It should be noted, however, that one of the women featured in Gamer Girls, Journey produced and Funomena founder Robin Hunicke, was accused by multiple developers earlier this year of creating an emotionally abusive workplace. Of course, Kenney would have been putting this book together well before this came to light, so it’s no fault of hers. On top of that, Hunicke’s chapter does still contain great insight into everyday sexism, as well as some potential ways to counter it. Nonetheless, it’s important to give context about the allegations made against her.
Those saddening circumstances aside, the two dozen other women featured in Gamer Girls are all fascinating and commendable in their own ways. On a personal level, I was happiest to see the inclusion of Yoko Shimomura, the beloved composer of Kingdom Hearts. I’ve written before about how much the Disney-Square Enix series means to me, in no small part due to Shimomura’s involvement in it, and so it warms my heart whenever more people may be introduced to her work through things like this book. (On that note, the excellent remake of the once Japan-only Live A Live — and her first Square game — also released this month, and her music for it is masterful.) And as a Canadian, it was especially nice to see a chapter on Montreal’s Jade Raymond, the co-creator of Assassin’s Creed and founder of Ubisoft Toronto and Quebec’s EA Motive and PlayStation-owned Haven.
Structurally, Gamer Girls is laid out in an appealing, digestible package. Each chapter is only a few pages long, offering a succinct but well-researched overview of each woman’s contributions to the industry. As a nice touch, Kenney has also included “Side Quests” — little blurbs about folks like BioWare Edmonton (Mass Effect) lead editor Karin Weekes or Media Molecule (LittleBigPlanet) studio director Siobhan Reddy to offer further insight into the work of women in gaming.
From passage to passage, you can feel Kenney’s infectious enthusiasm for the industry and her peers, making for quite a pleasant read. Accompanying all of this are lovely illustrations from Sri Lanka-born, Toronto-raised artist Salini Perera, which add even more colour and personality to Kenney’s words.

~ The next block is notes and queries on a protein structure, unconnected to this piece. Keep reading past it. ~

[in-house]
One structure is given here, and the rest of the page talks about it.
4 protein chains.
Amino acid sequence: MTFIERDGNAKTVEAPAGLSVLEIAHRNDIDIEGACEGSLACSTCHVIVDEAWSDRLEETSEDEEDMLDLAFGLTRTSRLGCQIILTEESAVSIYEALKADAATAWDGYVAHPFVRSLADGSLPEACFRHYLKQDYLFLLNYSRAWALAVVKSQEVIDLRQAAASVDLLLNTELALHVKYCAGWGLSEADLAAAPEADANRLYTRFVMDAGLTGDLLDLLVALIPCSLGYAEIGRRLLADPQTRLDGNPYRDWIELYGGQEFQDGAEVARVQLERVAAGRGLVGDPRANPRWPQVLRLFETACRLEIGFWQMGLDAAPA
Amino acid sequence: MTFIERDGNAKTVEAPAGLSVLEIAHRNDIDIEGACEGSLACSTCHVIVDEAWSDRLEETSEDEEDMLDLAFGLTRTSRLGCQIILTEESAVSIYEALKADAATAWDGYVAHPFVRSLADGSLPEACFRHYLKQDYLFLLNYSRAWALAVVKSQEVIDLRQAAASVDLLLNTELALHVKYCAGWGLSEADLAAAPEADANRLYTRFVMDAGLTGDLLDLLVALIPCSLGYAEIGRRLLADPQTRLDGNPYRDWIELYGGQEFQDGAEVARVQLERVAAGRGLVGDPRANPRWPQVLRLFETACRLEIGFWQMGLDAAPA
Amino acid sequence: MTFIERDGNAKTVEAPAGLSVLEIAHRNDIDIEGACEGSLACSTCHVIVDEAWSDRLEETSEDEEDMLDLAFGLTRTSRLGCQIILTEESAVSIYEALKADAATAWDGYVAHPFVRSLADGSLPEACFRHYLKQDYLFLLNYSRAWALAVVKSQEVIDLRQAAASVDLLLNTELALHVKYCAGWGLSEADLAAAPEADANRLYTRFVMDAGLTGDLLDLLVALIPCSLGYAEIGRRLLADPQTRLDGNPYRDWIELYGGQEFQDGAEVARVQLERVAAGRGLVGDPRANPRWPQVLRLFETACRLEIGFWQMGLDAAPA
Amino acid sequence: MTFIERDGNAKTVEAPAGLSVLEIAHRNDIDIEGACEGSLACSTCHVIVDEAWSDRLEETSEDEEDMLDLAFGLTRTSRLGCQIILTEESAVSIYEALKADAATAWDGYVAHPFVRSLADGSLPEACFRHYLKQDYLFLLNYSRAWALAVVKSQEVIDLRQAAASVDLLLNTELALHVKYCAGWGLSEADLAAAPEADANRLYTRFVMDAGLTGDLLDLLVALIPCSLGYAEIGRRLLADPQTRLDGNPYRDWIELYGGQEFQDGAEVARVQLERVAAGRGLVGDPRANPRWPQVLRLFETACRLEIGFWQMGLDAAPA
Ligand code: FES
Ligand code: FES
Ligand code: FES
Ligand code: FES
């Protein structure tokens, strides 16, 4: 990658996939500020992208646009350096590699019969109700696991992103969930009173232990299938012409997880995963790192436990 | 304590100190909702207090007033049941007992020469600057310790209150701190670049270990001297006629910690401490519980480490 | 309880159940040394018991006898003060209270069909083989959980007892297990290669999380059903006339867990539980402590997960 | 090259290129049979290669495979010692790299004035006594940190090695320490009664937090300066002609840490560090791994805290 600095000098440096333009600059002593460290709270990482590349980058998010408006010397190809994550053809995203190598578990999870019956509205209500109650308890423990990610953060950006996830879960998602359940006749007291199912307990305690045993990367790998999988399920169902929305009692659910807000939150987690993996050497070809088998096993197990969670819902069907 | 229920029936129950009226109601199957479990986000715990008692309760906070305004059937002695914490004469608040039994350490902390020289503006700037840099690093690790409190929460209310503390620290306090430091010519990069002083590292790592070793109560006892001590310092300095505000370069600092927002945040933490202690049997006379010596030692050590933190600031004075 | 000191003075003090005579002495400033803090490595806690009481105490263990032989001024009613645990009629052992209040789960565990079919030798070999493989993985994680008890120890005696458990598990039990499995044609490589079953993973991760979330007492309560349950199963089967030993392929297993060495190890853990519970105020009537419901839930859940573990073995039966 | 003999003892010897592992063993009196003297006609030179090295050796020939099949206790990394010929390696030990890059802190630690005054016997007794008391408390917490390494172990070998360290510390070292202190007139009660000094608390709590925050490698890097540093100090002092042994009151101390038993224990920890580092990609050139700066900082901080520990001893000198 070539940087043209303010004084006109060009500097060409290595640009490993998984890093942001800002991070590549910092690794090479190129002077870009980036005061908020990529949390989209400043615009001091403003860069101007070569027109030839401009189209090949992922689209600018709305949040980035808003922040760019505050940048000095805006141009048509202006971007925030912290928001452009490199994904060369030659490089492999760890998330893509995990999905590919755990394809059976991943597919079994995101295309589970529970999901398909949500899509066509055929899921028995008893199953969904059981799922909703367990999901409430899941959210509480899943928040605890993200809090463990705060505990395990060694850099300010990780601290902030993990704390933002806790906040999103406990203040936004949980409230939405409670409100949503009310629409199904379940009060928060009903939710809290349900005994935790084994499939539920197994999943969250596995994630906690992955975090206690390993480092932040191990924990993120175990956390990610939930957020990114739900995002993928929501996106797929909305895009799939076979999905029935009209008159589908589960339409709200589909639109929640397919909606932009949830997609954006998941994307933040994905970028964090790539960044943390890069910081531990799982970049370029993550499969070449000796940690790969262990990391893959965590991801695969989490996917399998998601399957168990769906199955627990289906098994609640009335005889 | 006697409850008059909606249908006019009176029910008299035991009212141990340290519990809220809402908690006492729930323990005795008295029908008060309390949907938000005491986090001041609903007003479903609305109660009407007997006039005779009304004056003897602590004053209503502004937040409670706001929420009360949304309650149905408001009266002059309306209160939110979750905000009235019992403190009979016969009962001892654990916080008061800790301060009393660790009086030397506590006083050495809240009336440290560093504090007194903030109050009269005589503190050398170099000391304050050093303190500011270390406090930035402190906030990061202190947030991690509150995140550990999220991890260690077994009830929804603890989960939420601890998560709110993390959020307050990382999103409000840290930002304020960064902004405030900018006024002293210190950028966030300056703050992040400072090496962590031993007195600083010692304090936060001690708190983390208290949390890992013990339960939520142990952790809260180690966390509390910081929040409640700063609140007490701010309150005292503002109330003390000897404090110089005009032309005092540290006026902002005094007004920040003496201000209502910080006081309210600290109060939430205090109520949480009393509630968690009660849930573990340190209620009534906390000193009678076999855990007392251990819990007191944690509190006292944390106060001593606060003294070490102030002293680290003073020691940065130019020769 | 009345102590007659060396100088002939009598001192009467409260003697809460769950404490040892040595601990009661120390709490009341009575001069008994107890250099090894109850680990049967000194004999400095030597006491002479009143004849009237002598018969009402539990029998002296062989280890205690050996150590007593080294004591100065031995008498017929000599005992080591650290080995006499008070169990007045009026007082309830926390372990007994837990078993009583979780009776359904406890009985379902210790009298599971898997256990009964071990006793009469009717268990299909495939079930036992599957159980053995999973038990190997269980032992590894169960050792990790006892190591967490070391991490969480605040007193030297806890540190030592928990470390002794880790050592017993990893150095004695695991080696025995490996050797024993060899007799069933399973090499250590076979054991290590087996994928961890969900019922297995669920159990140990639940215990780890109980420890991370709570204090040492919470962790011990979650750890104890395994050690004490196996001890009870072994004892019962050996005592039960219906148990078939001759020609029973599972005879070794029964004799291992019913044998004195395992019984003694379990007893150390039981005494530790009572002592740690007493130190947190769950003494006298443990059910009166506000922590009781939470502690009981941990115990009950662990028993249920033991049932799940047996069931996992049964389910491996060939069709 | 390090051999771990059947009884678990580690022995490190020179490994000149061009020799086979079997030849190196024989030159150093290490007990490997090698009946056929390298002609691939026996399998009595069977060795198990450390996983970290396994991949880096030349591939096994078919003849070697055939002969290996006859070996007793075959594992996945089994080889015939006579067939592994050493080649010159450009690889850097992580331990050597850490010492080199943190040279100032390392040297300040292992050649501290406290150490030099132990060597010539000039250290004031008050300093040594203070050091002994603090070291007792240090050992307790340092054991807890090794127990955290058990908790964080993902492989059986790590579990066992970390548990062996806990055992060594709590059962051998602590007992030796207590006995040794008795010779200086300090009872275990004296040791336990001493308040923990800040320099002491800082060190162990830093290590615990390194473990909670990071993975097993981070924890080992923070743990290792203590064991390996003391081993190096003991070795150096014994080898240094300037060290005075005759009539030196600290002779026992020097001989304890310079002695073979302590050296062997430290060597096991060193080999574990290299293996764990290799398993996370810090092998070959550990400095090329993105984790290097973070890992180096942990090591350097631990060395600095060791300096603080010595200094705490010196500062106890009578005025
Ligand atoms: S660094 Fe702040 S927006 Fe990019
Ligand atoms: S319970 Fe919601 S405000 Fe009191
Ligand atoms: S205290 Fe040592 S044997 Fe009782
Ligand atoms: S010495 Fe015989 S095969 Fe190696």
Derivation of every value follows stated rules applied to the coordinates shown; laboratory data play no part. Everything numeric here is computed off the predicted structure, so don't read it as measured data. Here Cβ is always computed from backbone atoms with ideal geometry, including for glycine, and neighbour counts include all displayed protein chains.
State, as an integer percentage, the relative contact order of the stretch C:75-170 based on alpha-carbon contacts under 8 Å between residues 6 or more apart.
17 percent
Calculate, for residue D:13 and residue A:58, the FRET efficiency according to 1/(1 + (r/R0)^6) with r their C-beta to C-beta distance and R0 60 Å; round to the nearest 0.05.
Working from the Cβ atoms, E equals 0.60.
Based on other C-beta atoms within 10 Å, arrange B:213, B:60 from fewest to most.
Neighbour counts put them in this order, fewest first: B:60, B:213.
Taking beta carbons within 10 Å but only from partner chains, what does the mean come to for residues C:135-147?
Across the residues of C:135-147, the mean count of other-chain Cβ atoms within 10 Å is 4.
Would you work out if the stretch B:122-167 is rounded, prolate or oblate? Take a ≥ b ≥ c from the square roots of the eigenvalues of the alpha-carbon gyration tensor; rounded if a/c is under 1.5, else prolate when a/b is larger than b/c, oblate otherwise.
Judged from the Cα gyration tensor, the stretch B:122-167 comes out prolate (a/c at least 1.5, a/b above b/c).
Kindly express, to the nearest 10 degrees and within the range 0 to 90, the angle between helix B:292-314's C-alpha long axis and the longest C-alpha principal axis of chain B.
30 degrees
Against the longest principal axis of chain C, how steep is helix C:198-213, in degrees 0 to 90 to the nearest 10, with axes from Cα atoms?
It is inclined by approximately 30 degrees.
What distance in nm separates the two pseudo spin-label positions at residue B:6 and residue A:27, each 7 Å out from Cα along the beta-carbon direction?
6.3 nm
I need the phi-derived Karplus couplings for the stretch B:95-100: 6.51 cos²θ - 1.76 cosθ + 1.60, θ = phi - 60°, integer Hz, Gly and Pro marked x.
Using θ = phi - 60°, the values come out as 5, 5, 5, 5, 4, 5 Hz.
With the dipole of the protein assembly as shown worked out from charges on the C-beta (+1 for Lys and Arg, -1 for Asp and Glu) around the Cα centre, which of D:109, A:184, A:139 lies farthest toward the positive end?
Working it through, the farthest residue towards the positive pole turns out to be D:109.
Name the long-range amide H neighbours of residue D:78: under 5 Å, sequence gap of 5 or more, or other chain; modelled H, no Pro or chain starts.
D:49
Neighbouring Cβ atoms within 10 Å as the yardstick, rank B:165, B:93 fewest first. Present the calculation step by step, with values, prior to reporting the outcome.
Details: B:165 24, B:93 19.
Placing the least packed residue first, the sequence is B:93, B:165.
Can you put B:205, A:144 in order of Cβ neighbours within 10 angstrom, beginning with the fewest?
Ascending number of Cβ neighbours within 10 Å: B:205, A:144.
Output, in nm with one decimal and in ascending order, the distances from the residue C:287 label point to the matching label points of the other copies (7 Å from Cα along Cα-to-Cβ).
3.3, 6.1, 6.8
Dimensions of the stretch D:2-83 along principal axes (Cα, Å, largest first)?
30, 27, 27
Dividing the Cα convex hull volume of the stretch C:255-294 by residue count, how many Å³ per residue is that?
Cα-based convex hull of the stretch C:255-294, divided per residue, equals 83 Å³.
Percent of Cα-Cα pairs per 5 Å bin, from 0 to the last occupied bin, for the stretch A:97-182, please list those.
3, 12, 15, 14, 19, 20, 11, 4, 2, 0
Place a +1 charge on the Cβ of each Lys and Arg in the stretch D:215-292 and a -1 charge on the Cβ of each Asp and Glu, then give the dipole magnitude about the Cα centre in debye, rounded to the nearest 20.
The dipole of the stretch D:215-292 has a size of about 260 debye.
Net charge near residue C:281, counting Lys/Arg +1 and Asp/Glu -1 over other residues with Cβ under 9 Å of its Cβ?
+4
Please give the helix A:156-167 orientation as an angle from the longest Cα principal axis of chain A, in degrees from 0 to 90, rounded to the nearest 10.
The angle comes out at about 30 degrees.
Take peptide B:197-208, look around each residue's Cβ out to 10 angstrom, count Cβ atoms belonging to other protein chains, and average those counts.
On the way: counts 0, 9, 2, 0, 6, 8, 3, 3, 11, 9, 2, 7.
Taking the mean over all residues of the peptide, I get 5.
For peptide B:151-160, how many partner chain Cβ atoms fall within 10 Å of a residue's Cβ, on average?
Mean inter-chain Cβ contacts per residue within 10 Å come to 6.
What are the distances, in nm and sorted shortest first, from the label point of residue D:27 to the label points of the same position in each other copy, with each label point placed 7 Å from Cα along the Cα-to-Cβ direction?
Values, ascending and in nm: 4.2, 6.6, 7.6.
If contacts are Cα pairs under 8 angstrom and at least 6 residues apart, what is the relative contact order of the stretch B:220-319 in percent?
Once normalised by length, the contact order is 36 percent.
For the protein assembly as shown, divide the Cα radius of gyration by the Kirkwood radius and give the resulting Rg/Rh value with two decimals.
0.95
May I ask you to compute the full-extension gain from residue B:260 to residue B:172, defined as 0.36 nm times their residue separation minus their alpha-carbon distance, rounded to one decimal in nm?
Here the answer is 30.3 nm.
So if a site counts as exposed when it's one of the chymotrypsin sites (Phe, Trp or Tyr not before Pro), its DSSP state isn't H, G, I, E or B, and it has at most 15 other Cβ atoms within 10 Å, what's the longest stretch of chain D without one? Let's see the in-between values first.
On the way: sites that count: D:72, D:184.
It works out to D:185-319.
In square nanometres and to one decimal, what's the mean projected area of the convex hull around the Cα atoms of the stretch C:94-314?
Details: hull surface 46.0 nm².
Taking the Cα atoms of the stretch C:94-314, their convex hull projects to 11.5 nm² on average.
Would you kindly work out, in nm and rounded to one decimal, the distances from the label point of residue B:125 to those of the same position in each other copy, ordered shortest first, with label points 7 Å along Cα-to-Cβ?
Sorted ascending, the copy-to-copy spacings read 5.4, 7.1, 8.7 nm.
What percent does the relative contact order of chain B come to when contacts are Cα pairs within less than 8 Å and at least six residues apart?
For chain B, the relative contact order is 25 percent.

At the same time, Kenney crucially doesn’t shy away from some of the darker sides of the gaming industry, especially for women. In her intro, she mentions how a Q&A with a girl-centric game design boot camp raised questions about toxicity in gaming, especially from the perspective of the misogynistic online harassment campaign, GamerGate. After a few moments to think, she gave a nuanced response that acknowledges the unjust hate women get simply for being women while pointing out the joys of game development, like the passionate collaboration between coworkers and the satisfaction of players finally getting their hands on their work. Throughout the book, Kenney also outlines the struggles that each of the profiled women faced, like Raymond’s accomplishments being dismissed because of her looks or how artist Kazuko Shibuya, the woman behind some of the Final Fantasy series’ most iconic visuals, sadly went uncredited for decades.
It’s important that Kenney recognizes these hurdles, not only to be honest to aspiring game developers, but to show how these women were nonetheless able to overcome them. “The stories in this book are about passion, hope, resilience, optimism, and grit,” writes Kenney in her intro. After reading through these stories, I completely agree. There’s a lot to learn and be inspired about here, and I encourage anyone with even a passing interest in games and technology to check it out.
Image credit: Square Enix (Kazuko Shibuya)